3D printing, also known as additive manufacturing, has become wildly popular since it was first developed in the 1980s. The technology involves recreating a digital model using successive layers of appropriate material to create a new, touchable version. The technique has been utilized in several industries, including the medical device industry.

In many cases, original digital models from Magnetic Resonance Imaging (MRI), ultrasound, X-rays, and Computed Tomography (CT) scans are fed into a 3D printer. It is estimated that the 3D printing niche in the medical industry will be worth at least $3.5 billion by 2025. The niche is expected annual growth is expected to increase by 17.7 percent between the year 2017 and 2025.

Below are the most significant benefits 3D printing is set to bring in the medical device field.

Bio-Printing Organoids and Tissues

One of the major sectors of 3D printing in the medical device world is bio printing. Instead of printing using metal or plastic, bio-printers make use of living cells layered by a computer-guided pipette. These cells are then systematically layered on top of each other to recreate artificial living tissue in the lab.

The organoids or tissue constructs are then used in medical research as they imitate living organs, but on a smaller scale. The organs can then be used in trials, which is a cheaper option compared to using human organ transplants.

Already, some companies have recreated the liver and intestinal tissue in order to study the effects of drugs. Another institute has successfully recreated the human brain with intentions of studying drug and disease effects on the organ. Moreover, 3D printing has already been used in printing skin grafts that are applied directly to burn victims.

Custom-Made Prosthetics

3D printing in the medical world can be used in the production of prosthetic limbs, which are customized to fit and suit a particular wearer. The traditional route has had amputees waiting weeks or even months before receiving their prosthetics. However, 3D printing, in combination with rapid tooling injection (find out more), speeds up the process.

In addition, 3D printing means that patients will receive cheaper products that offer the same functionality as that of traditionally manufactured products. A lower price point is particularly advantageous when you take into consideration the use of prosthetics by children – who tend to outgrow their artificial limbs quickly.

Furthermore, 3D printing allows the design of prosthetic limbs that directly correspond to their needs and requirements. For instance, some companies are already allowing patients to create prosthetic based on their limbs. This is done through scanning that helps create a limb that is more naturally fitting – and looks realistic as well.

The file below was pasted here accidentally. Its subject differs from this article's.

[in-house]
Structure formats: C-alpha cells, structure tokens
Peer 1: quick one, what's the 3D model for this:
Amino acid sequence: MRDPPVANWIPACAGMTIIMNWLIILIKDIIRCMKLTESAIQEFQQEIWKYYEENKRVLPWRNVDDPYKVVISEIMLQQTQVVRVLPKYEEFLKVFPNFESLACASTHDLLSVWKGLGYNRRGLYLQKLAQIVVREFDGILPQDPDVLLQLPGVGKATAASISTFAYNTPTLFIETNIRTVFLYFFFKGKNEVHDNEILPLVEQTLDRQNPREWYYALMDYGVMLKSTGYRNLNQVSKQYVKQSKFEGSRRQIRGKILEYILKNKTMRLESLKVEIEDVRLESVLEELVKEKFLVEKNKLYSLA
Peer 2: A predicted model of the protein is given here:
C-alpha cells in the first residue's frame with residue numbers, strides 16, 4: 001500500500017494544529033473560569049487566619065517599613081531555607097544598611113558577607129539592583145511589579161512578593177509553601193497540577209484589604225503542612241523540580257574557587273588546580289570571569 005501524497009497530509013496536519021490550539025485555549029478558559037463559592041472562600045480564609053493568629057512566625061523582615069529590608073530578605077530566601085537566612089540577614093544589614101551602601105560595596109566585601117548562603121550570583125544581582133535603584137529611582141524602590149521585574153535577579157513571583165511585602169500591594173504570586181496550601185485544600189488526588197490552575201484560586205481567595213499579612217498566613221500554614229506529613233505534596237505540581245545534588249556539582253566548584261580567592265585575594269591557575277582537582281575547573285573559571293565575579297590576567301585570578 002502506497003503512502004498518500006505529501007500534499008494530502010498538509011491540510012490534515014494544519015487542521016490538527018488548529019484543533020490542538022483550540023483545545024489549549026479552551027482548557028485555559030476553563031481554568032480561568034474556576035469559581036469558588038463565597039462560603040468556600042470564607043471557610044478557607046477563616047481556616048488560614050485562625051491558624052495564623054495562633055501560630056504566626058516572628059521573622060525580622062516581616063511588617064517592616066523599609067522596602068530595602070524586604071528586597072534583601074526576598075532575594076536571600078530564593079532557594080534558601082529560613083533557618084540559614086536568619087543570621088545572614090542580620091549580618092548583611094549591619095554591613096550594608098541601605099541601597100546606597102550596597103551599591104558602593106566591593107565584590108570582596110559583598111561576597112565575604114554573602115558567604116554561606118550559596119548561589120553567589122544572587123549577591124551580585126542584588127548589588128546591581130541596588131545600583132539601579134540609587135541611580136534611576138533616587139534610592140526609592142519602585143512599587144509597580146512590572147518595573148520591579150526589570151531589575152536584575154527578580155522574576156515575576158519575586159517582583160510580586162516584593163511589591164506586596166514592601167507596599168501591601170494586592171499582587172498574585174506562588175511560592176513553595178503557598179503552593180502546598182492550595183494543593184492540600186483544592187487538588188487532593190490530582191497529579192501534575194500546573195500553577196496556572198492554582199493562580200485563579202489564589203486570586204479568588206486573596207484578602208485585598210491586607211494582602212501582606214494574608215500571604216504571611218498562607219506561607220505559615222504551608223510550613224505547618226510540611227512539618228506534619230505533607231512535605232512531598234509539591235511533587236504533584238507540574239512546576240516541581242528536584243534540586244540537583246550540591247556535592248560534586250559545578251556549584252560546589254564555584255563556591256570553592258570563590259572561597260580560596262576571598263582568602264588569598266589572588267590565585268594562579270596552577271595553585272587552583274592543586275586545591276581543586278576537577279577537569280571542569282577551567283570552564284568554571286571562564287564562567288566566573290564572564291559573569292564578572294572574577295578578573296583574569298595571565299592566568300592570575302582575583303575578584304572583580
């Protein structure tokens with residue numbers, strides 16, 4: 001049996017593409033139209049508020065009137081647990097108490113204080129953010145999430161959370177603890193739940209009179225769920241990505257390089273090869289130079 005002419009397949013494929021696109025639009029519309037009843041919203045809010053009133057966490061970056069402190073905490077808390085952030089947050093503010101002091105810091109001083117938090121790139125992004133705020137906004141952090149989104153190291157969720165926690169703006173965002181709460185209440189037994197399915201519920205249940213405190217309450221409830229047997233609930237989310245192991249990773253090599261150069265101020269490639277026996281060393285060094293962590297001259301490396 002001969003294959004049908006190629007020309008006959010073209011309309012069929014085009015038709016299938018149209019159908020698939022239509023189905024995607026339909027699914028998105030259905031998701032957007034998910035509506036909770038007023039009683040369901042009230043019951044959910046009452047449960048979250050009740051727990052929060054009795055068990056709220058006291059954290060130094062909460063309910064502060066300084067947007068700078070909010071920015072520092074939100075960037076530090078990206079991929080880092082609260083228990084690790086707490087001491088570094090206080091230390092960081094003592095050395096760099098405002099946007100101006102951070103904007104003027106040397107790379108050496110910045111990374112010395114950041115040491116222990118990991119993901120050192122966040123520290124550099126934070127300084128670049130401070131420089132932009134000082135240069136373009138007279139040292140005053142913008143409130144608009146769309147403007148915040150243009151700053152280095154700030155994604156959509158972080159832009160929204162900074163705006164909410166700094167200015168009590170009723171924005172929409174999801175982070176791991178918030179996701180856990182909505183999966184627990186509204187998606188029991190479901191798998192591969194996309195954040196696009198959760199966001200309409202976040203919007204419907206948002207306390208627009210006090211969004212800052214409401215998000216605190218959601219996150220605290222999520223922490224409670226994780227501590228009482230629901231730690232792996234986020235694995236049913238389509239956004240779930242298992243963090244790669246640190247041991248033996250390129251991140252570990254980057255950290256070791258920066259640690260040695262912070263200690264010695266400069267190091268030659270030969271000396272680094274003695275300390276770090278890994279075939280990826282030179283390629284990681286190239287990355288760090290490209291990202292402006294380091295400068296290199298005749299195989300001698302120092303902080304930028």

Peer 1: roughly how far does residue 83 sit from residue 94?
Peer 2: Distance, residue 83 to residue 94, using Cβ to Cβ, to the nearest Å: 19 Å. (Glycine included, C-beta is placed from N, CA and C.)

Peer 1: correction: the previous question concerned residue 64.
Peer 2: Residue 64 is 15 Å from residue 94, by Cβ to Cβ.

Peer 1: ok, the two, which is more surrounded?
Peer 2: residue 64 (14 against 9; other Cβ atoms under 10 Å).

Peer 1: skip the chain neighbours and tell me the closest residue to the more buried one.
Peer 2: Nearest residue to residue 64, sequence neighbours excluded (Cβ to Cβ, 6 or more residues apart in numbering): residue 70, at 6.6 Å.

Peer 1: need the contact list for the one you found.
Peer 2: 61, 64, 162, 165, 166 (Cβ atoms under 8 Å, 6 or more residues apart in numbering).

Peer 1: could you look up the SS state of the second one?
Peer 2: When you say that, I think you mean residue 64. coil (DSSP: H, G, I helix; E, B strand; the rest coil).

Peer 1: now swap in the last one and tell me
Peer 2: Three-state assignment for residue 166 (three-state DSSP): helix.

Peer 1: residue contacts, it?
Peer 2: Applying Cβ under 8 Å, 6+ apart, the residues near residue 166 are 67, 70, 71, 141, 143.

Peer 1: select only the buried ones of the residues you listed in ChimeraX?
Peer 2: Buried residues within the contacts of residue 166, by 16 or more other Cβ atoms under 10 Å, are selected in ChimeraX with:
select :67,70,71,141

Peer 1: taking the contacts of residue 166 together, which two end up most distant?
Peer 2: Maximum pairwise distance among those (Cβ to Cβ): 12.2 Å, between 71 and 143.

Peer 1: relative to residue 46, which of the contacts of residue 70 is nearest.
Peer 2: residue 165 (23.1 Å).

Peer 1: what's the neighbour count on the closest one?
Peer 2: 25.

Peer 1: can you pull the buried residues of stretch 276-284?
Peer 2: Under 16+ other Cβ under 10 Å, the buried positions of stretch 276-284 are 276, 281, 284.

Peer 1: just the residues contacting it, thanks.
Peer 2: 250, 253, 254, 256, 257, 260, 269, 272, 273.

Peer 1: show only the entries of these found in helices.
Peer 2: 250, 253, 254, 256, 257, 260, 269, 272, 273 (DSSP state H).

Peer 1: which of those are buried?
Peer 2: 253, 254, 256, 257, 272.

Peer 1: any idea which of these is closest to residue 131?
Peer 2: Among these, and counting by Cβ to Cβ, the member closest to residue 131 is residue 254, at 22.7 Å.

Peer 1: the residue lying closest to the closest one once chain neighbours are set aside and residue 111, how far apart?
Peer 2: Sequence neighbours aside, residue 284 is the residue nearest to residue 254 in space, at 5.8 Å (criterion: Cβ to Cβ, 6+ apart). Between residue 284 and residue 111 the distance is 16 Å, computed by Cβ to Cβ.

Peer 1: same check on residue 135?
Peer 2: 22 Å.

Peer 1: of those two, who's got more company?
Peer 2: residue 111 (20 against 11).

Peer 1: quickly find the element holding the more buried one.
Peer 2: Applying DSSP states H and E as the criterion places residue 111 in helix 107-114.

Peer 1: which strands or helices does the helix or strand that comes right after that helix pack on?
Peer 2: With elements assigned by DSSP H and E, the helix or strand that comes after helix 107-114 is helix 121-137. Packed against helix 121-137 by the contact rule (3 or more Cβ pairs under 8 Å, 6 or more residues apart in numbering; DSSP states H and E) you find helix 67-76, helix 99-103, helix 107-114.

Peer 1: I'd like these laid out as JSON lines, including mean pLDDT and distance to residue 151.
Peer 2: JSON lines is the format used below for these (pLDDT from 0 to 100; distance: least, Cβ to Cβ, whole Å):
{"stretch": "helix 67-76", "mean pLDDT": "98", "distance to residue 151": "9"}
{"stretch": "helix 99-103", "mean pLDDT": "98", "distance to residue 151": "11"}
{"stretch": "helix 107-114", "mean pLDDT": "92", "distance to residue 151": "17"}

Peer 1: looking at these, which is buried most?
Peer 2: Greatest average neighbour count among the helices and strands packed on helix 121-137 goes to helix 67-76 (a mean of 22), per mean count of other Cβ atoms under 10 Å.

Enhancing and Expanding Medtech Opportunities

3D printing medical applications are rapidly expanding and are set to revolutionize how healthcare is delivered. Today, 3D printing is a much more effective and cost effective manufacturing option when it comes to customized medical devices like hearing aids, dental implants, surgical instruments, knee implants, and many more.

In addition to the customization of medical devices, 3D printing will disrupt the medical device market by bringing in new entrants. The new entrants will bring in an era of optimized device development and design, increased productivity, reduced costs and ultimate revolutionizing of health care standards.

Through the manufacture of products that cannot be created via any other way, 3D printing will potentially revolutionize healthcare standards by addressing needs that were previously unmet. Already, 99 percent of the hearing aids on the market are custom-made via 3D printing. Since everybody’s ear canal is uniquely shaped, 3D printing makes it possible to print custom-shaped devices cost-effectively and efficiently.

Expect to see 3D printing become even more popular at the point-of-care where it will accelerate treatment while reducing numbers of patient visits. Furthermore, 3D printing will offer less costly options to standard treatments, which will make advanced treatment even more widely accessible. For instance, people dealing with multiple chronic diseases may benefit from a multi-dose medication created at the point of care.

As 3D printed models become on-demand and patient customized, expect patients, healthcare providers and payers to reap mutual benefits. Patient-specific models will help clinicians plan for successful surgeries in a risk-free environment. In turn, patients will recover faster and an assurance of better outcomes after every surgery.

Healthcare providers will realize reduced operating room times as well as hospital bed utilization. The benefits of improved surgical planning also include increase profit margins.


The advances in the medical devices world using 3D printing technology are already exciting and significant. 3D printing technologies are today even more sophisticated and new materials are always discovered, meaning that you expect to see applications that are even more novel. Some of these applications include complex implantable organs, 3D printed drugs, drug delivery devices, and bio-printed assays for drug testing and research!

This article is sponsored by outreachmama.

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